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Blandings Castle  

- P.G. Wodehouse


The morning sunshine descended like an amber shower-bath on Blandings Castle, lighting up with a heartening glow its ivied walls, its rolling parks, its gardens, outhouses, and messuages, and such of its inhabitants as chanced at the moment to be taking the air. It fell on green lawns and wide terraces, on noble trees and bright flower-beds. It fell on the baggy trousers-seat of Angus McAllister, head-gardener to the ninth Earl of Emsworth, as he bent with dour Scottish determination to pluck a slug from its reverie beneath the leaf of a lettuce, It fell on the white flannels of the Hon. Freddie Threepwood, lord Emsworth's second son, hurrying across the water-meadows. It also fell on Lord Emsworth himself and on Beach, his faithful butler. They were standing on the turret above the west wing, the former with his eye to a powerful telescope, the latter holding the hat which he had been sent to fetch. 'Beach,' said Lord Emsworth.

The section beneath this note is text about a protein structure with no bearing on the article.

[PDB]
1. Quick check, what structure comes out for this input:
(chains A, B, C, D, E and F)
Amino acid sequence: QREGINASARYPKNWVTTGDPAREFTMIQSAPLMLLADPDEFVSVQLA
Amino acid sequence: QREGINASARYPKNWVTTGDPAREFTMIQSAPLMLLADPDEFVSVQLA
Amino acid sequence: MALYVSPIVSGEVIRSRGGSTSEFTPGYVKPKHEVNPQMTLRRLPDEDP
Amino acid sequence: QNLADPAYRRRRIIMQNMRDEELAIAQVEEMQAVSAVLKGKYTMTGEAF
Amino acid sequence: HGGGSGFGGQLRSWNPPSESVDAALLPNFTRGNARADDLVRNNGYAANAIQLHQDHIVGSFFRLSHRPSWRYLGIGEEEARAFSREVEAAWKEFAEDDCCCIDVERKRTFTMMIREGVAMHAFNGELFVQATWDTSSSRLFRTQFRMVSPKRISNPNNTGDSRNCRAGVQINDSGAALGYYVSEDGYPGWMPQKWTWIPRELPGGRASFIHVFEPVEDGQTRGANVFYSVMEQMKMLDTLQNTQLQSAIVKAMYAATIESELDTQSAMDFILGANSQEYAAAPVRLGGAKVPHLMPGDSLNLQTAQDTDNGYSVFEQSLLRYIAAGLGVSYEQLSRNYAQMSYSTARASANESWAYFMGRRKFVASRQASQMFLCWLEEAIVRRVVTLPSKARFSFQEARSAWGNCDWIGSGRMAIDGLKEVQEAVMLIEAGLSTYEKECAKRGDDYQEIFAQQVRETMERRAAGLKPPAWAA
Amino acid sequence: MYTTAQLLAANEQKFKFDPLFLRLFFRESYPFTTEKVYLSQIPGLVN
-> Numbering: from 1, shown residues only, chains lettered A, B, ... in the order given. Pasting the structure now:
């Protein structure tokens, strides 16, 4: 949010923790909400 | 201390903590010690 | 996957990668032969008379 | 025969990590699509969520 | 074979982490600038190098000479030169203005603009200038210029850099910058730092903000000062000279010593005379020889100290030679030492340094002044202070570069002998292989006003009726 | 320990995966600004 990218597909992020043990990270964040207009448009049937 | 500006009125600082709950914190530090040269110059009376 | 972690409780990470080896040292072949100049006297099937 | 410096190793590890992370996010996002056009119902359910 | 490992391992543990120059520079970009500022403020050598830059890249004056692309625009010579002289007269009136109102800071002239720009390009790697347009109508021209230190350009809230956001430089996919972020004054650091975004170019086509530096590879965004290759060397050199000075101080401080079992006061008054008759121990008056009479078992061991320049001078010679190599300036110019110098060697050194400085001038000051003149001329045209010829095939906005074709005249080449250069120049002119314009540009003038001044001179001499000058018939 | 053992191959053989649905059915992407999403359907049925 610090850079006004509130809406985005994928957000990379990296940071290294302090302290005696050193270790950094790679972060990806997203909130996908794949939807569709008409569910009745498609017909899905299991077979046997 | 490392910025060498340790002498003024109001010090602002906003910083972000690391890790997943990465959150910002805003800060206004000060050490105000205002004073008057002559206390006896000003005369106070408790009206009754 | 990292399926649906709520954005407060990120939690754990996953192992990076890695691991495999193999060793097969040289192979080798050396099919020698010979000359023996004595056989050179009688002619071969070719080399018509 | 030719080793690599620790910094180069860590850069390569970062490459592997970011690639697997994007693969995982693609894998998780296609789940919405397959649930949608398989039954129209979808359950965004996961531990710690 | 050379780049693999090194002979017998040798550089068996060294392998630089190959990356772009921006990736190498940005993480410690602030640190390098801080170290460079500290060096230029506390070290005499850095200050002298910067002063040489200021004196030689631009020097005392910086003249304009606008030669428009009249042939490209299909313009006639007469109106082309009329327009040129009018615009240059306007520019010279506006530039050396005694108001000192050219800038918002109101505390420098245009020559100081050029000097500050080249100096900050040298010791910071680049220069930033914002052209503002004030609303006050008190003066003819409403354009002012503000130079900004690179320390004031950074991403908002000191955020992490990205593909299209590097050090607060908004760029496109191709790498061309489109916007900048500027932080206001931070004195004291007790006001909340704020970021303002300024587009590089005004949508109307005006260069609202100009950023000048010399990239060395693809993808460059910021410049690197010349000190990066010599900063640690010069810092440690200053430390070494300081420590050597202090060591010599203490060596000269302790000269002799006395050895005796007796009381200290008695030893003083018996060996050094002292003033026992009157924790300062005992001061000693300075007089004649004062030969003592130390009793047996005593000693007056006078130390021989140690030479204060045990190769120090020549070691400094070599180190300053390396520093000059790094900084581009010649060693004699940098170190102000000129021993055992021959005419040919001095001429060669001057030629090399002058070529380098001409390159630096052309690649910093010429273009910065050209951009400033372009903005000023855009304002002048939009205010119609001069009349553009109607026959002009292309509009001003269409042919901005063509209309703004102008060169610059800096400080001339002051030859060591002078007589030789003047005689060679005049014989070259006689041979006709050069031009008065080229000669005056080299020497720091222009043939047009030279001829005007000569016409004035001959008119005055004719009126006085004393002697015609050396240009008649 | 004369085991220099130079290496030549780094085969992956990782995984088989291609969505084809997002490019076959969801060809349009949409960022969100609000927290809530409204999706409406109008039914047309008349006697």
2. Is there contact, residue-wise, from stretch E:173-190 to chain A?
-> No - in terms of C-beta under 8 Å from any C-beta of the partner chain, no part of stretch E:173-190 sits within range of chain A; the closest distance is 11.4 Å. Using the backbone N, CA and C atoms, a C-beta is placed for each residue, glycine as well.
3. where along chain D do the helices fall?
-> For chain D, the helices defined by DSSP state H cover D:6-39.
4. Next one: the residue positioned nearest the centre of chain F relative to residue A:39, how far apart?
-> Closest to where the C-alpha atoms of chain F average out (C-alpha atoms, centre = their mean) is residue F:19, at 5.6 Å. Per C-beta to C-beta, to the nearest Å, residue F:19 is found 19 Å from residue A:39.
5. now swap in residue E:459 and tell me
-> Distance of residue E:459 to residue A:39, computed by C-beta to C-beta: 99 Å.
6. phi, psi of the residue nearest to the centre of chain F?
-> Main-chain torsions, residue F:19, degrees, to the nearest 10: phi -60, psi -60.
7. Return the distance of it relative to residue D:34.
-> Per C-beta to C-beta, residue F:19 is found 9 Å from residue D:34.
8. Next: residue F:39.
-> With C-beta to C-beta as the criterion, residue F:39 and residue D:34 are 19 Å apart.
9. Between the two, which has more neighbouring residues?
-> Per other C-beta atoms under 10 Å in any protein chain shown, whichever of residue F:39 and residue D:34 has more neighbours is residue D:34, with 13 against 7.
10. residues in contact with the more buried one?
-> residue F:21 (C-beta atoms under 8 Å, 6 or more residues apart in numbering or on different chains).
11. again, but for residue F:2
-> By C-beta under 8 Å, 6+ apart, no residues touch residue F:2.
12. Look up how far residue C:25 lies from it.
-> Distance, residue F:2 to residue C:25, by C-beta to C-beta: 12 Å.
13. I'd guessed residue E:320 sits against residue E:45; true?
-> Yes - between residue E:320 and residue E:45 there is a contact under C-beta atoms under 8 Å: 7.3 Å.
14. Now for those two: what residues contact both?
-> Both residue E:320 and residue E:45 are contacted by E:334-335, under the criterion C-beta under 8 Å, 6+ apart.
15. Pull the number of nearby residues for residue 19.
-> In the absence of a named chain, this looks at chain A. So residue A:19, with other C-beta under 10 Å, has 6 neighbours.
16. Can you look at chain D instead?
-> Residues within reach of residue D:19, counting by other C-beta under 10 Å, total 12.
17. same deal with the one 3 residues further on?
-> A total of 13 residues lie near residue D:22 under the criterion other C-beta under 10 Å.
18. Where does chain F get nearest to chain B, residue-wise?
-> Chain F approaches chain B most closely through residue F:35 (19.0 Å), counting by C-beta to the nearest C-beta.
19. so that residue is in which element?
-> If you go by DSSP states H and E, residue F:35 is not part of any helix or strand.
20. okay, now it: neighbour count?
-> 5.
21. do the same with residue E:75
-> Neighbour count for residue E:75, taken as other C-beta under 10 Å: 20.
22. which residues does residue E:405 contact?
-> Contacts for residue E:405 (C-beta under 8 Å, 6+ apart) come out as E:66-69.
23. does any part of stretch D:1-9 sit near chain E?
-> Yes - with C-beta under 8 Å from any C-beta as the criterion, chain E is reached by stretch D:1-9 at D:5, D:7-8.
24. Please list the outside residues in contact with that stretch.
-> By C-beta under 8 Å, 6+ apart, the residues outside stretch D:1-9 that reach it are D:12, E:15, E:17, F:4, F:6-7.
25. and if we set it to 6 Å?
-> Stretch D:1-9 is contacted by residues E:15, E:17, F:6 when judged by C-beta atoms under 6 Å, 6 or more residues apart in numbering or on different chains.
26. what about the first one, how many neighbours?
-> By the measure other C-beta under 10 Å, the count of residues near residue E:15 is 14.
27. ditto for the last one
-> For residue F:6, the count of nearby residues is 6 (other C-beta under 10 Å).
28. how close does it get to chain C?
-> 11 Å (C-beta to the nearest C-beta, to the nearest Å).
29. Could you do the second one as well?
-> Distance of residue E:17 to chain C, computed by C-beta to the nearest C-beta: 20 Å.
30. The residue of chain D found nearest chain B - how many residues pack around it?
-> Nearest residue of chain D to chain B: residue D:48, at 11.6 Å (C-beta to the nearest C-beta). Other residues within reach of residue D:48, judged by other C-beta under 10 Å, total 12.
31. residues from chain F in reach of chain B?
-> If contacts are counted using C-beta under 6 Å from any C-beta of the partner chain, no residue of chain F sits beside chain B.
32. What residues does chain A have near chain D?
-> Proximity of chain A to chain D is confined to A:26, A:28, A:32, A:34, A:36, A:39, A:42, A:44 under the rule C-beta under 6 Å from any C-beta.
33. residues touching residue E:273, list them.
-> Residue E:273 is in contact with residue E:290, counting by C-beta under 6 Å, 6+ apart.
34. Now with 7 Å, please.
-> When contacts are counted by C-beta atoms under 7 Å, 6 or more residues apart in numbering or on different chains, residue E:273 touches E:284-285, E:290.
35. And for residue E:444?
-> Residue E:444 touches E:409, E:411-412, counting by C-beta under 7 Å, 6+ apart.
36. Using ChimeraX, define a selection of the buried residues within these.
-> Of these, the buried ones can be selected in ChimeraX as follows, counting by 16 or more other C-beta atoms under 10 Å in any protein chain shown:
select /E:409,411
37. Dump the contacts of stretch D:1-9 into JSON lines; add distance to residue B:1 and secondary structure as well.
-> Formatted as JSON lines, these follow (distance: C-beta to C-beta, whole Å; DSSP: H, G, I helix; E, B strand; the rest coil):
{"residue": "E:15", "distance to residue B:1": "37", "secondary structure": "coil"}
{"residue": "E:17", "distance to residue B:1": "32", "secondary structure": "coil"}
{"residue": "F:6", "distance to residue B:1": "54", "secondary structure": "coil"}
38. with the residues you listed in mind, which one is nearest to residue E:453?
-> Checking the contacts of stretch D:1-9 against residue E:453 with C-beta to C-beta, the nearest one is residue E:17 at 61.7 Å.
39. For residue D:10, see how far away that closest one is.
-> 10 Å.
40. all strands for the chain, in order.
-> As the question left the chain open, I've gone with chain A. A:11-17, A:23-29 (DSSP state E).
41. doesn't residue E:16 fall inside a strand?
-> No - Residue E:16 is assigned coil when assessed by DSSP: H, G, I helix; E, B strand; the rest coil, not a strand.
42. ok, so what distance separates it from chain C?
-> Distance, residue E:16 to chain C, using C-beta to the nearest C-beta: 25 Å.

'I've been swindled. This dashed thing doesn't work.'

'Your lordship cannot see clearly?'

'I can't see at all, dash it. It's all black.'

The butler was an observant man. 'Perhaps if I were to remove the cap at the extremity of the instrument, m'lord, more satisfactory results might be obtained.'

'Eh? Cap? Is there a cap? So there is. Take it off, Beach.'

'Very good, m'lord.'

'Ah! There was satisfaction in Lord Emsworth's voice. He twiddled and adjusted, and the satisfaction deepened. 'Yes, that's better. That's capital. Beach, I can see a cow.' 'Indeed, m'lord?

'Down in the water-meadows. Remarkable. Might be two yards away. All right, Beach. Shan't want you any longer.'

'Your hat m'lord?'

'Put it on my head.'

'Very good, m'lord.'

The butler, this kindly act performed, withdrew. Lord Emsworth continued gazing at the cow.